No, in my mind that word doesn't trump everything else about me -- I'm also a husband, friend, journalist, history-lover, genealogist, cynic, realist, beer and coffee appreciator, TV fan, and so on. Yep, I'd even add academic, critic, insulin addict, and glucose strip-aholic to the list of labels that apply to me.

Like our friend and fellow blogger Kerri Sparling who personifies bullet point No. 1 above with her signature line, "Diabetes doesn't define me, but it helps explain me," I feel that I get to choose when and how I'm going to wear any of those designations on my sleeve, or not (although in reality, diabetes does interfere with life in unwanted ways!).

So is this "label game" a topic worthy of national attention, calling for advocacy? That's debatable too.

I was curious how the U.S. News story came to be (a niche topic for such a general media audience) so reached out to health reporter Amir Khan to ask how it came across his radar. He doesn't have any personal D-connection, but says the issue came up in November when reporting on an earlier story about online support for diabetes. So he ran with it for this recent piece -- one that I think really captures the debate well, and is fair and balanced on both sides.

It's certainly gotten folks talking again in our community -- including the new CEO of JDRF Derek Rapp, tweeting about the story:

 

There are lots of important issues that I think call for advocacy efforts in this day and age: healthcare being fair, Medicare covering CGMs, better designs for diabetes devices, whether A1C is the end-point of how we're viewed by medical professionals, how our diabetes research money and efforts are being handled, and getting access to our data in ways that fit our lives best. But this PWD vs. Diabetic thing just doesn't rise to that same level, IMHO.

Still, there's the important issue of protecting us against discrimination at work, or being judged by society at large as being at fault for our disease...

So perhaps it makes a difference if the term in question comes from one of us, or from "outsiders" who aren't also pancreatically-challenged? And then does it matter whether someone has Type 1 or Type 2, or another lesser-discussed form of diabetes?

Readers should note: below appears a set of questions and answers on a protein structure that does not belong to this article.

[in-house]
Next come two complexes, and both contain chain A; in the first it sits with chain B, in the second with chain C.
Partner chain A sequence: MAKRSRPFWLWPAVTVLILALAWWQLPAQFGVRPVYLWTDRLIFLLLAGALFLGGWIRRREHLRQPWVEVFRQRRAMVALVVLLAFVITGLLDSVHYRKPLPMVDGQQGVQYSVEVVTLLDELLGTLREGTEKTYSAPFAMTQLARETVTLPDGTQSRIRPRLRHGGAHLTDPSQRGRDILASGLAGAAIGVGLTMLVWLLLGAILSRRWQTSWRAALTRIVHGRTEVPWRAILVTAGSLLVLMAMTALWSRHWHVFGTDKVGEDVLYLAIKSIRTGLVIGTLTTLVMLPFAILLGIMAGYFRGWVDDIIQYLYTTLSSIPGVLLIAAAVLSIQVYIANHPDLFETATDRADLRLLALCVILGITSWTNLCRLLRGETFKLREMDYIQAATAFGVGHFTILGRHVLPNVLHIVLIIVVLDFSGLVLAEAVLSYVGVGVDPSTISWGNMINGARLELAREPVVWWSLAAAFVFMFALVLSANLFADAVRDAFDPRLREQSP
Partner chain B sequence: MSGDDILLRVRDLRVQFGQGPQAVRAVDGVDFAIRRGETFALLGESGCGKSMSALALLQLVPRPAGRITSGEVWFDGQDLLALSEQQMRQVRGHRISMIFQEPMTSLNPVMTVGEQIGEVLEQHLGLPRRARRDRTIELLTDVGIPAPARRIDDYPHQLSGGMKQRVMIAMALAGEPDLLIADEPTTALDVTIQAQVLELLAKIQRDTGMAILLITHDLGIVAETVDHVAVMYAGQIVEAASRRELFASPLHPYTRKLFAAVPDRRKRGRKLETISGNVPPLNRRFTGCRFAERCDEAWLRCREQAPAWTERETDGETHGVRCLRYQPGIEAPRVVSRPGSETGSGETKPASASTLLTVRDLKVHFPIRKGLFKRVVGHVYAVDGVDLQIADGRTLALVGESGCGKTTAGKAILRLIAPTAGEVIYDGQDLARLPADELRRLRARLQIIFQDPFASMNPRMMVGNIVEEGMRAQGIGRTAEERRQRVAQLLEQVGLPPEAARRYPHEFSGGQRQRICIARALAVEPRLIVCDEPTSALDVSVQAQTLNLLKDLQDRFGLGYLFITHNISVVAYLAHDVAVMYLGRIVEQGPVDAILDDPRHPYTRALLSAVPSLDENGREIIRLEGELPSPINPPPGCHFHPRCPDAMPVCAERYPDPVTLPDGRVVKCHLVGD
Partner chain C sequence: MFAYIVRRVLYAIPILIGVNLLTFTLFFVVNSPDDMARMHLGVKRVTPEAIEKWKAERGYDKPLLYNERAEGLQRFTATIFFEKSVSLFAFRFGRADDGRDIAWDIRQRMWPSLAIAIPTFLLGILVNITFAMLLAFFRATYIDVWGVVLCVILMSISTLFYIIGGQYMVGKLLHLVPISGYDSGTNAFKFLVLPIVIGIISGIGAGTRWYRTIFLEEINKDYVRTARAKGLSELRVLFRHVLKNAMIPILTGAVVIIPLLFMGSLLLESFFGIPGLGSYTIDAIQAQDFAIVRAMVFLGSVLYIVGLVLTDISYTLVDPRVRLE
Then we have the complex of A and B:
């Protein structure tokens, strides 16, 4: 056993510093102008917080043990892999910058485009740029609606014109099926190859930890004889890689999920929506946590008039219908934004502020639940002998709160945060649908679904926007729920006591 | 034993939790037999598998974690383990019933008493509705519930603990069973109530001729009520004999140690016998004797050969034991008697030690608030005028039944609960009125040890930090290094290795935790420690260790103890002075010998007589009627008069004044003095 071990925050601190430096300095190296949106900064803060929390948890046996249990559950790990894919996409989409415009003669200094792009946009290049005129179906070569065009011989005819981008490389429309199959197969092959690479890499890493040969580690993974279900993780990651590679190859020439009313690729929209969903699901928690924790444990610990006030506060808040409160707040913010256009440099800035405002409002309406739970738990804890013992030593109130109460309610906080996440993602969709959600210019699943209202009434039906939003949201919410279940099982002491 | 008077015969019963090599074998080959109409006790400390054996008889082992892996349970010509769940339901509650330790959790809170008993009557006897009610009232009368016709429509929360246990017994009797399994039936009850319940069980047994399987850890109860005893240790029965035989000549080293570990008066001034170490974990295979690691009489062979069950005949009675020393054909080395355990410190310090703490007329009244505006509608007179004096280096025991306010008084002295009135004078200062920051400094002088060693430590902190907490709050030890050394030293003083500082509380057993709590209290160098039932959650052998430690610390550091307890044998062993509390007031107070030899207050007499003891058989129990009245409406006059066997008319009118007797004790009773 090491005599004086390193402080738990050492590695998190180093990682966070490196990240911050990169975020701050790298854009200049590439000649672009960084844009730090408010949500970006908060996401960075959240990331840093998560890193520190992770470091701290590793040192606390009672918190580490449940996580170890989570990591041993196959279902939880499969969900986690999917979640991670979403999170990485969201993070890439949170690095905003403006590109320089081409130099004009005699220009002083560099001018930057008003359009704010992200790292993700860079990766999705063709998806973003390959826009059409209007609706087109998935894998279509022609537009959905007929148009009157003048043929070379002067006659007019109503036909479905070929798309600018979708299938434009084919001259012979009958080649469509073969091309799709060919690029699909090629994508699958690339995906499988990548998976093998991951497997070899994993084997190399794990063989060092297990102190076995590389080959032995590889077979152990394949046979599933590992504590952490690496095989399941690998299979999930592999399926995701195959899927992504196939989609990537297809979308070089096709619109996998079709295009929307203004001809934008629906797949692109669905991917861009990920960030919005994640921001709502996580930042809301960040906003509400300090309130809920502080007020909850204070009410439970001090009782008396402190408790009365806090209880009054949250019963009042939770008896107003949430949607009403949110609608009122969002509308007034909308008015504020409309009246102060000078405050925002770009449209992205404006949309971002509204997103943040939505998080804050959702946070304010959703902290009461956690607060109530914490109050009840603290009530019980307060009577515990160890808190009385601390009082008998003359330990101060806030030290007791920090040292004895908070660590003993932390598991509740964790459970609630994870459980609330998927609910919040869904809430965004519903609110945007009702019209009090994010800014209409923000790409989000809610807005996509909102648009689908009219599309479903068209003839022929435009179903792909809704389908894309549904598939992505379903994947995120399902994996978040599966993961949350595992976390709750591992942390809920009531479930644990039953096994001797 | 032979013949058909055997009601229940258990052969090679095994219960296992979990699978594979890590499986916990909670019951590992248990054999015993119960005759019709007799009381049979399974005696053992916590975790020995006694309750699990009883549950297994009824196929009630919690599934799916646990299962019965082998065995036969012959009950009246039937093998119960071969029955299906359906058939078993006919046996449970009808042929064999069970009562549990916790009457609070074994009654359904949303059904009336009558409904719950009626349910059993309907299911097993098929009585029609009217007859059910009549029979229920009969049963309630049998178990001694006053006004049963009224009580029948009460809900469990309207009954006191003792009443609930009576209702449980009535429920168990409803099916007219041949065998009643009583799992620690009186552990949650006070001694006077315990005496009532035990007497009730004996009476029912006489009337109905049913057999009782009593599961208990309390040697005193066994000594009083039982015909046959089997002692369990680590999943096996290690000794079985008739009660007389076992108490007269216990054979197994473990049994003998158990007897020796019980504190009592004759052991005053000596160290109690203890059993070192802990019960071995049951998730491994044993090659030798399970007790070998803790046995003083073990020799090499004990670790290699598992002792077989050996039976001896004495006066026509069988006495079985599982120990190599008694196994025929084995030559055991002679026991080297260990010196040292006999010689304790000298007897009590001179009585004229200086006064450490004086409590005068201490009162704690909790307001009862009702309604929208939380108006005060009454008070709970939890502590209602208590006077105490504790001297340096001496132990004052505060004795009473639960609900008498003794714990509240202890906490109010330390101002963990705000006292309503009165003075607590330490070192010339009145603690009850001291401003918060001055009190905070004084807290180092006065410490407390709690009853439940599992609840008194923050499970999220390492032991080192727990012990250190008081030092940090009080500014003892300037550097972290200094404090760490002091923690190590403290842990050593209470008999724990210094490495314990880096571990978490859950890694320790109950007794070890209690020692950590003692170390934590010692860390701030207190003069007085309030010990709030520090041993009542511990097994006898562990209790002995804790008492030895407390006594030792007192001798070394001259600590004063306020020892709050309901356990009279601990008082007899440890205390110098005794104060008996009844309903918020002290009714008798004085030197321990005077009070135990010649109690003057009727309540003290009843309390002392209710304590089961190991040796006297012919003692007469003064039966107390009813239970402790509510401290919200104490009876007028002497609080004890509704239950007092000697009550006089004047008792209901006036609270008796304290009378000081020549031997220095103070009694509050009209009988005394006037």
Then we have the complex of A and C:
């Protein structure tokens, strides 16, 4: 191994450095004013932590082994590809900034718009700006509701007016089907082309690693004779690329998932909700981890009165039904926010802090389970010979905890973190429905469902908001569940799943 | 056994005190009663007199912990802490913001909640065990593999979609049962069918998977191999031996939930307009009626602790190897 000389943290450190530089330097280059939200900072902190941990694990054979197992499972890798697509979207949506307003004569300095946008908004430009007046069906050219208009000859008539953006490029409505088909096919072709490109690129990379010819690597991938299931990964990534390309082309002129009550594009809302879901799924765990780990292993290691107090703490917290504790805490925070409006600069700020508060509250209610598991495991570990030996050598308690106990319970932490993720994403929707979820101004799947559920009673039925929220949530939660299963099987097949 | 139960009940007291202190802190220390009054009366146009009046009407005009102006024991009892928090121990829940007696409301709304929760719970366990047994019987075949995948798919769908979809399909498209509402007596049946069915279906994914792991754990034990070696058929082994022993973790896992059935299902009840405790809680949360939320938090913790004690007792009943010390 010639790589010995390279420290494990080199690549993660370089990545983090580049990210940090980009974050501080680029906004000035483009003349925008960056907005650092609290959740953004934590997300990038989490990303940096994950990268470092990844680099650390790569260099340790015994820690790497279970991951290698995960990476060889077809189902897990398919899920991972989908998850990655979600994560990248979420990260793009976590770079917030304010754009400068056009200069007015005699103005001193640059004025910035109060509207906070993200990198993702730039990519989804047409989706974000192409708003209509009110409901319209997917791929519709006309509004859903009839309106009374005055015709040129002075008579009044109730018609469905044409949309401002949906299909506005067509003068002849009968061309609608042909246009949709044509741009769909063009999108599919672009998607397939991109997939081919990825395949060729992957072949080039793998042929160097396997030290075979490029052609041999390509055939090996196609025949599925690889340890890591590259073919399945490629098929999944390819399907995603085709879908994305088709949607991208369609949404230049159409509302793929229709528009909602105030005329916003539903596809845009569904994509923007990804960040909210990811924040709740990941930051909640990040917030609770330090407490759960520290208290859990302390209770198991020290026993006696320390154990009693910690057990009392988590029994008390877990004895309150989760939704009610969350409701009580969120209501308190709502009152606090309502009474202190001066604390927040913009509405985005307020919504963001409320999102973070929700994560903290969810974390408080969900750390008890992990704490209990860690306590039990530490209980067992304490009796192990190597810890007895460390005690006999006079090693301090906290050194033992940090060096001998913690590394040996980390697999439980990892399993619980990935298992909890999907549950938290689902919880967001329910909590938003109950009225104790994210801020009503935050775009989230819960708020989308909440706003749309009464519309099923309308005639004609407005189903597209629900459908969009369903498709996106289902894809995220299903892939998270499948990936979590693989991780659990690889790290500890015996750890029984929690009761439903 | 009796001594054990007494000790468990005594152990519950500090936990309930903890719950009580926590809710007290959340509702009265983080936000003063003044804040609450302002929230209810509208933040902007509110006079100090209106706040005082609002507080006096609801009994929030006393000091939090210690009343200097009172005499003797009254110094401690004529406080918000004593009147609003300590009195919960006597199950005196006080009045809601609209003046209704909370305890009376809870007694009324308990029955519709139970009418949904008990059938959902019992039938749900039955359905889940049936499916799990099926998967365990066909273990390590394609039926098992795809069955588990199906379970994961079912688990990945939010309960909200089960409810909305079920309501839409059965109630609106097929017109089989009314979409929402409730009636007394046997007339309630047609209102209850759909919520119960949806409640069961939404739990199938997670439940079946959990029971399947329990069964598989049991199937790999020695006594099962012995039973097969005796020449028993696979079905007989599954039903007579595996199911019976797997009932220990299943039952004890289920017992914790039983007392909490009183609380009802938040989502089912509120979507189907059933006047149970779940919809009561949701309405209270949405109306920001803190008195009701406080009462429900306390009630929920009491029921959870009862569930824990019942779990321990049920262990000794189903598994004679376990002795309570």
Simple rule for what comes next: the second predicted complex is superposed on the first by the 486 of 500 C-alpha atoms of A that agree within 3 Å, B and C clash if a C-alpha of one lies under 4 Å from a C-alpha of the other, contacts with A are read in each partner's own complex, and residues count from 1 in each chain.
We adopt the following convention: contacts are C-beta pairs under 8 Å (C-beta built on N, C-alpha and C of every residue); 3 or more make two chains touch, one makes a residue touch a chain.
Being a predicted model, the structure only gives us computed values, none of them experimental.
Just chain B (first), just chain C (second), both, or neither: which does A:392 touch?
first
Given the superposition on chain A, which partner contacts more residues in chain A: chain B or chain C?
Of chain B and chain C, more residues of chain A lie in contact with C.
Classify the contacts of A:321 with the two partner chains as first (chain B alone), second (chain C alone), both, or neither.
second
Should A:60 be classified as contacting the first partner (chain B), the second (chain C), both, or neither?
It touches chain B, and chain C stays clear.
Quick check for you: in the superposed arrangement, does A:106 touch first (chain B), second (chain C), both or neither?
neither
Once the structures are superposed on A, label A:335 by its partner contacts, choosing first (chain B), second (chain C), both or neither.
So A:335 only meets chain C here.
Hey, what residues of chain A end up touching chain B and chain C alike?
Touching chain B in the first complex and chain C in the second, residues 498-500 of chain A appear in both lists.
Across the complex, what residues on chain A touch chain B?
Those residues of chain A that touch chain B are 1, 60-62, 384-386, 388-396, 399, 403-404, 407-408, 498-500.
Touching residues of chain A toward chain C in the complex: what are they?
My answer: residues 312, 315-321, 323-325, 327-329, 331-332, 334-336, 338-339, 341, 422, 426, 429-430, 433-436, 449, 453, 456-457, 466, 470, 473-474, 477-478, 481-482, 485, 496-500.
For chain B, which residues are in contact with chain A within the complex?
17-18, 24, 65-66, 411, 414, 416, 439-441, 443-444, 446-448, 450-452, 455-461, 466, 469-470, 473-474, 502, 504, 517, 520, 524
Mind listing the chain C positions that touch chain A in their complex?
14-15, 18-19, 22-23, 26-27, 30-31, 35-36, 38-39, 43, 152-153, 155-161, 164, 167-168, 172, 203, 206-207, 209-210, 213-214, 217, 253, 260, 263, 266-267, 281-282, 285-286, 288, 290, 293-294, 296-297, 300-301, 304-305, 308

Some folks are very prickly about these issues. And they aren't wrong, because that's just how they feel. It ruffles their feathers to feel defined, labeled, restricted, and so on. I get that.

We at the 'Mine have long been sensitive to this, therefore we standardized on "person with diabetes" or "PWD" a while back. Ironically, we get some blow-back on that, because some people find the term silly, or an exaggeration of the trend towards political correctness.

I Have Diabetes NametagWhatever the accepted label, those of us with diabetes are all people first, disease second.  That's a message we've been championing amongst the medical community for a long time: that we're not just textbook examples, and that each person's D-management should be tailored to what works best for them as an individual.

So yes, 'diabetic' does seem to be a word that we're collectively phasing out, gradually. Whether it's ever stamped out entirely, we probably won't be around to see. Instead, future medical writer and the D-Community of future centuries will look back on this issue and have to ponder it just as judges and lawyers now wonder why certain words were ever used the way they once were.

 

Disclaimer: Content created by the Diabetes Mine team. For more details click here.

Disclaimer

This content is created for Diabetes Mine, a consumer health blog focused on the diabetes community. The content is not medically reviewed and doesn't adhere to Healthline's editorial guidelines. For more information about Healthline's partnership with Diabetes Mine, please click here.